Politics & Campaigns


US internet users say they learn more about politics from TV than anywhere else, and that TV ads are most likely to influence their voting behavior. But digital video is a growing source of political info</a> as well, and research suggests desktop-based video ads are the leading digital format for political campaigns from the local to the national level.

Many are dubbing 2016 the "Snapchat Election", not only because campaigns are using the social app to reach the coveted millennial demographic, but due to the ephemeral nature of today’s media environment where content is consumed in streams, feeds and snaps. Topics in this webinar include: How the use of different channels like Snapchat are being matched with specific campaign goals; How much US political campaigns will spend on digital advertising in the 2016 election cycle; Differences between approaches at the local level versus the national level; How voters research candidates and their attitudes toward political advertising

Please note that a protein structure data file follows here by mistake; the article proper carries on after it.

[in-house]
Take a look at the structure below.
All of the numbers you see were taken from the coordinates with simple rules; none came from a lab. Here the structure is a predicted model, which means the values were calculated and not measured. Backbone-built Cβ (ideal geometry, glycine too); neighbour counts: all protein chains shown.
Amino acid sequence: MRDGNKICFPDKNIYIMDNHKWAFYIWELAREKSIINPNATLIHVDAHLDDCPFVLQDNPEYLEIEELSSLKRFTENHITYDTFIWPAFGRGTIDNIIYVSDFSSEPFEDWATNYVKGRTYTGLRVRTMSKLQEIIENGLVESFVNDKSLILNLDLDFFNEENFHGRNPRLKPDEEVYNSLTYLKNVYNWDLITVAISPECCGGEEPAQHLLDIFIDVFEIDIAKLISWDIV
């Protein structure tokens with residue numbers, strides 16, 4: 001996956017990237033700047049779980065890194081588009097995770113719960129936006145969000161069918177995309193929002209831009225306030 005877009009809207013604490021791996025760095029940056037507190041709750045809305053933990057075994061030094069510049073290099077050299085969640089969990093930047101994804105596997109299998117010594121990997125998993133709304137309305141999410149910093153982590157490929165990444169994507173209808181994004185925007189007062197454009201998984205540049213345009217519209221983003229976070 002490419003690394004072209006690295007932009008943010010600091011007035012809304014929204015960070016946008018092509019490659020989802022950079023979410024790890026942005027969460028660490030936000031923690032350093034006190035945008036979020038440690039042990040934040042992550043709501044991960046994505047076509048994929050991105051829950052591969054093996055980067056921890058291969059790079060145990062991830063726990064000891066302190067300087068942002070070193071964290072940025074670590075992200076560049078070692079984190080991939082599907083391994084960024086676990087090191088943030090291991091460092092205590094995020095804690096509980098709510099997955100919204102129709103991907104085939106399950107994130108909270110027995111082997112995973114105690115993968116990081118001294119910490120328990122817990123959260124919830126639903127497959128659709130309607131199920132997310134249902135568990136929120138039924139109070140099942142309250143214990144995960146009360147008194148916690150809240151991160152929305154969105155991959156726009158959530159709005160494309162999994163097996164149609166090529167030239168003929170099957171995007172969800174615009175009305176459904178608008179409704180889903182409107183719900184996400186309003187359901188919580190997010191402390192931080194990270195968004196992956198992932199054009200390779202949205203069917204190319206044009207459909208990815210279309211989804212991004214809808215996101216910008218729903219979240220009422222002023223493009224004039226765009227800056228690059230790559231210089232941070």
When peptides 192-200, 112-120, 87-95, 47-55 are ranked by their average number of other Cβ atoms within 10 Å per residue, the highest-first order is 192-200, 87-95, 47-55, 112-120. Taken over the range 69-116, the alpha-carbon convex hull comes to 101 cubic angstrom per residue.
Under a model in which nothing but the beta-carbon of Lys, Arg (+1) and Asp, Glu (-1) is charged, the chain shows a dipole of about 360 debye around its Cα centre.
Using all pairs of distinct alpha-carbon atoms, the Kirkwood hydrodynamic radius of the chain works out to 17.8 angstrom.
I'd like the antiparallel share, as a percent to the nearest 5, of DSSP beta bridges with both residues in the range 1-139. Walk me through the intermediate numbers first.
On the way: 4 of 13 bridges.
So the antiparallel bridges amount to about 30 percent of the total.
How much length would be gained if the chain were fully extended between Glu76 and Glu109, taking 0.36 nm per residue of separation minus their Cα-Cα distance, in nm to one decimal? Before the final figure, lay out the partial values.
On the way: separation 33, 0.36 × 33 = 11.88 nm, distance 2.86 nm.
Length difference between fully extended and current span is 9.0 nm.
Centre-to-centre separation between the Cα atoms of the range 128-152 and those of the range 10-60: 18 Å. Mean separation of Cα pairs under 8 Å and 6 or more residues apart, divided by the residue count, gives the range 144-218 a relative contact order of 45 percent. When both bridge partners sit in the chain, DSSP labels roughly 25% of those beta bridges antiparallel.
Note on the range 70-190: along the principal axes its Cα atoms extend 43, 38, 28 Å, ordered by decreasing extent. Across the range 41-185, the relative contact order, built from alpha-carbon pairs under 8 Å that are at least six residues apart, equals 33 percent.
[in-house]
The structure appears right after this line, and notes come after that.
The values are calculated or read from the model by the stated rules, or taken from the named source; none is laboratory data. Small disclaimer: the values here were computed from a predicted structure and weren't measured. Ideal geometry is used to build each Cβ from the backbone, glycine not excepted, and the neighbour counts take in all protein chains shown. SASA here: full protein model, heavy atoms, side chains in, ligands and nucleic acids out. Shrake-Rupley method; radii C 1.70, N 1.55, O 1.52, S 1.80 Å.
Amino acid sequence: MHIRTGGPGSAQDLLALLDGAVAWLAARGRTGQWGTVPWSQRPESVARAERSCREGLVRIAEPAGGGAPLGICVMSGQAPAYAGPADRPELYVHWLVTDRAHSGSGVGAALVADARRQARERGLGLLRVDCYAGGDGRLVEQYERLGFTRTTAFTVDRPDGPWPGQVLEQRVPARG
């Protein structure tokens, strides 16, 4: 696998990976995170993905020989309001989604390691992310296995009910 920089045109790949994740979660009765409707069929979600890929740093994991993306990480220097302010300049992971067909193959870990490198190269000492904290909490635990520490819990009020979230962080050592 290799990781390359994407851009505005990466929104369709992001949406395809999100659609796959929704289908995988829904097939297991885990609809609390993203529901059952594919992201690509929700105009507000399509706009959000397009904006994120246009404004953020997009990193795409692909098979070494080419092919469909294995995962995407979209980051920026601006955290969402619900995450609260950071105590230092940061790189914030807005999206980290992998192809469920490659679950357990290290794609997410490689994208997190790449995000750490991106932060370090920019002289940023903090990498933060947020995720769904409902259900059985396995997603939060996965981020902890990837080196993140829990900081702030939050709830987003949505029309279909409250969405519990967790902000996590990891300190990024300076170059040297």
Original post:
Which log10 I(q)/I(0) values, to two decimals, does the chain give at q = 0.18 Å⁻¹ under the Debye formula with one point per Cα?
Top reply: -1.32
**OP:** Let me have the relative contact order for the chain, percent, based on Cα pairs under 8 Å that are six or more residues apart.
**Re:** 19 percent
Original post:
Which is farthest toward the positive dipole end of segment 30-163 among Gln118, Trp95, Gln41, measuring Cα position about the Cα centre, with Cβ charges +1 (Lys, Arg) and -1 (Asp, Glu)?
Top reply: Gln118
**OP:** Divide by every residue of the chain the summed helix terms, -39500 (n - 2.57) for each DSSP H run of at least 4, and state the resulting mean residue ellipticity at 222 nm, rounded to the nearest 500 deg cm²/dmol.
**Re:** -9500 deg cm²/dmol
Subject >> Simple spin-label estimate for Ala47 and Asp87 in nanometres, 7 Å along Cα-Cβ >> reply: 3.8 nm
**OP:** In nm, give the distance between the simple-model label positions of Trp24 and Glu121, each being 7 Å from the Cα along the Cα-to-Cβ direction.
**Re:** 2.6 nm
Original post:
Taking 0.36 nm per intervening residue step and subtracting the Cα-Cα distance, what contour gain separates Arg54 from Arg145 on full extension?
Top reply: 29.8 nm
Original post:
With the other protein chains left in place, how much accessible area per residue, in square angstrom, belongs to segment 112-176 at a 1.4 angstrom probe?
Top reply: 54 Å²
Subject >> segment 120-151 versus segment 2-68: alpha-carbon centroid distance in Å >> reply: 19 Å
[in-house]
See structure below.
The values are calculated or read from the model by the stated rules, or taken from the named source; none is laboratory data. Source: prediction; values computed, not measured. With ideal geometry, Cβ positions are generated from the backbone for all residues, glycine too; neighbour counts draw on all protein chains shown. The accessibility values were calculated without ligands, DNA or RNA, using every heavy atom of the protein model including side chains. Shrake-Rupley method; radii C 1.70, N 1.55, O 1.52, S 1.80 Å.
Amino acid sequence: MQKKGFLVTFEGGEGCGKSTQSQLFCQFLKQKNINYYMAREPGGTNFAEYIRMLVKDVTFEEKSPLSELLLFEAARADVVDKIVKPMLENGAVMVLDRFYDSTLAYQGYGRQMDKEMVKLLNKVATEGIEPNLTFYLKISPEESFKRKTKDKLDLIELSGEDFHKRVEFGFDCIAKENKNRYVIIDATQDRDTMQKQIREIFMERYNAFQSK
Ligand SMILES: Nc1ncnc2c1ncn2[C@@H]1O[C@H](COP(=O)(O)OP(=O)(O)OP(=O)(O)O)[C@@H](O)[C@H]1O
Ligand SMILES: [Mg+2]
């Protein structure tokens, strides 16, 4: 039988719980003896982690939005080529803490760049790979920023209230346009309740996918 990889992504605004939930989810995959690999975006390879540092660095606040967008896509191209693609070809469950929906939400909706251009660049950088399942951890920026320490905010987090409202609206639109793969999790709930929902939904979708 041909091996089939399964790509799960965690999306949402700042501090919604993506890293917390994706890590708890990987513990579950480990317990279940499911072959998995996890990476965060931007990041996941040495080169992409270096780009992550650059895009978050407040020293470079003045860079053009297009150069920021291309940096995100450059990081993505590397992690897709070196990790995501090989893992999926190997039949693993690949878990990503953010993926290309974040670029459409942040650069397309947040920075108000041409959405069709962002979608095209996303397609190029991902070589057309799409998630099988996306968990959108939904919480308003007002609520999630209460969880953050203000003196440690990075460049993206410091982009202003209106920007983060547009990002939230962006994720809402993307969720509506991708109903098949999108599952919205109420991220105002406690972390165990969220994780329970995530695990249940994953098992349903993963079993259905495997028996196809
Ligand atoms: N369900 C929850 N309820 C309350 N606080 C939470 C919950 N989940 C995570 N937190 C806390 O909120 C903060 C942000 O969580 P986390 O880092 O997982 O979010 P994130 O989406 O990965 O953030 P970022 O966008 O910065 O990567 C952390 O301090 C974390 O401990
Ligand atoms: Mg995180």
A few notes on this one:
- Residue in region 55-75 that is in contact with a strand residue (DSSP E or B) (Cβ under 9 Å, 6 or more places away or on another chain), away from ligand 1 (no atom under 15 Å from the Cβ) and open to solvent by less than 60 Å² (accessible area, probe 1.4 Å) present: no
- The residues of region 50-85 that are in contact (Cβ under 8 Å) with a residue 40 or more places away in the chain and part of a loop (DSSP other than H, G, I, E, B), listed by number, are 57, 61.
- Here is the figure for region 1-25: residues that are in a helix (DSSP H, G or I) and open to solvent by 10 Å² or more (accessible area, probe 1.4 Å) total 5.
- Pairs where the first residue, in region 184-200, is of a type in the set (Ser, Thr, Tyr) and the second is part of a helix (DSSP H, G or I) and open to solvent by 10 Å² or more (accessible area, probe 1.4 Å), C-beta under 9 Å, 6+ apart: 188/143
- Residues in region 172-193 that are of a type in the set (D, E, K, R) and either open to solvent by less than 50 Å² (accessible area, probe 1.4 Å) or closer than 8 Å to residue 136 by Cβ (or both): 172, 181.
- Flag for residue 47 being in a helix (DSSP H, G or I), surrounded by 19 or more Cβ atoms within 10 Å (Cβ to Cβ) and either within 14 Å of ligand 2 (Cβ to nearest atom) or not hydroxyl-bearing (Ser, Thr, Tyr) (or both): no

While TV still dominates political ads, candidates are shifting more money to digital. A panel of political advertising and data experts spoke to eMarketer about cross-channel approaches to political campaigns.

Data from a February 2016 YuMe report reveals that 69% of US internet users find TV news to be the most effective political marketing channel.

Facebook is the place to reach millennials of all political persuasions, according to November 2015 research. Other sites are more likely to skew Democratic, and even though most voters don’t rely on social for political info, it’s a key place for campaigns to reach them.

While TV is still the dominant destination for political ad spend, spending on digital channels is increasing the fastest year over year. In fact, US political ad spending on digital is estimated to nearly quadruple compared to 2014, according to research.

While more than half of US likely voters who use digital video to learn about political candidates are millennials, some older generations are also turning to the channel to better understand political candidates and issues, according to January 2016 research.

Television is the most effective political ad format influencing voting behavior across all generations, according to a January 2016 survey. Print ads also influence behavior.

Extreme political views and personal attacks have produced a climate that worries some users in Germany—and could deter advertisers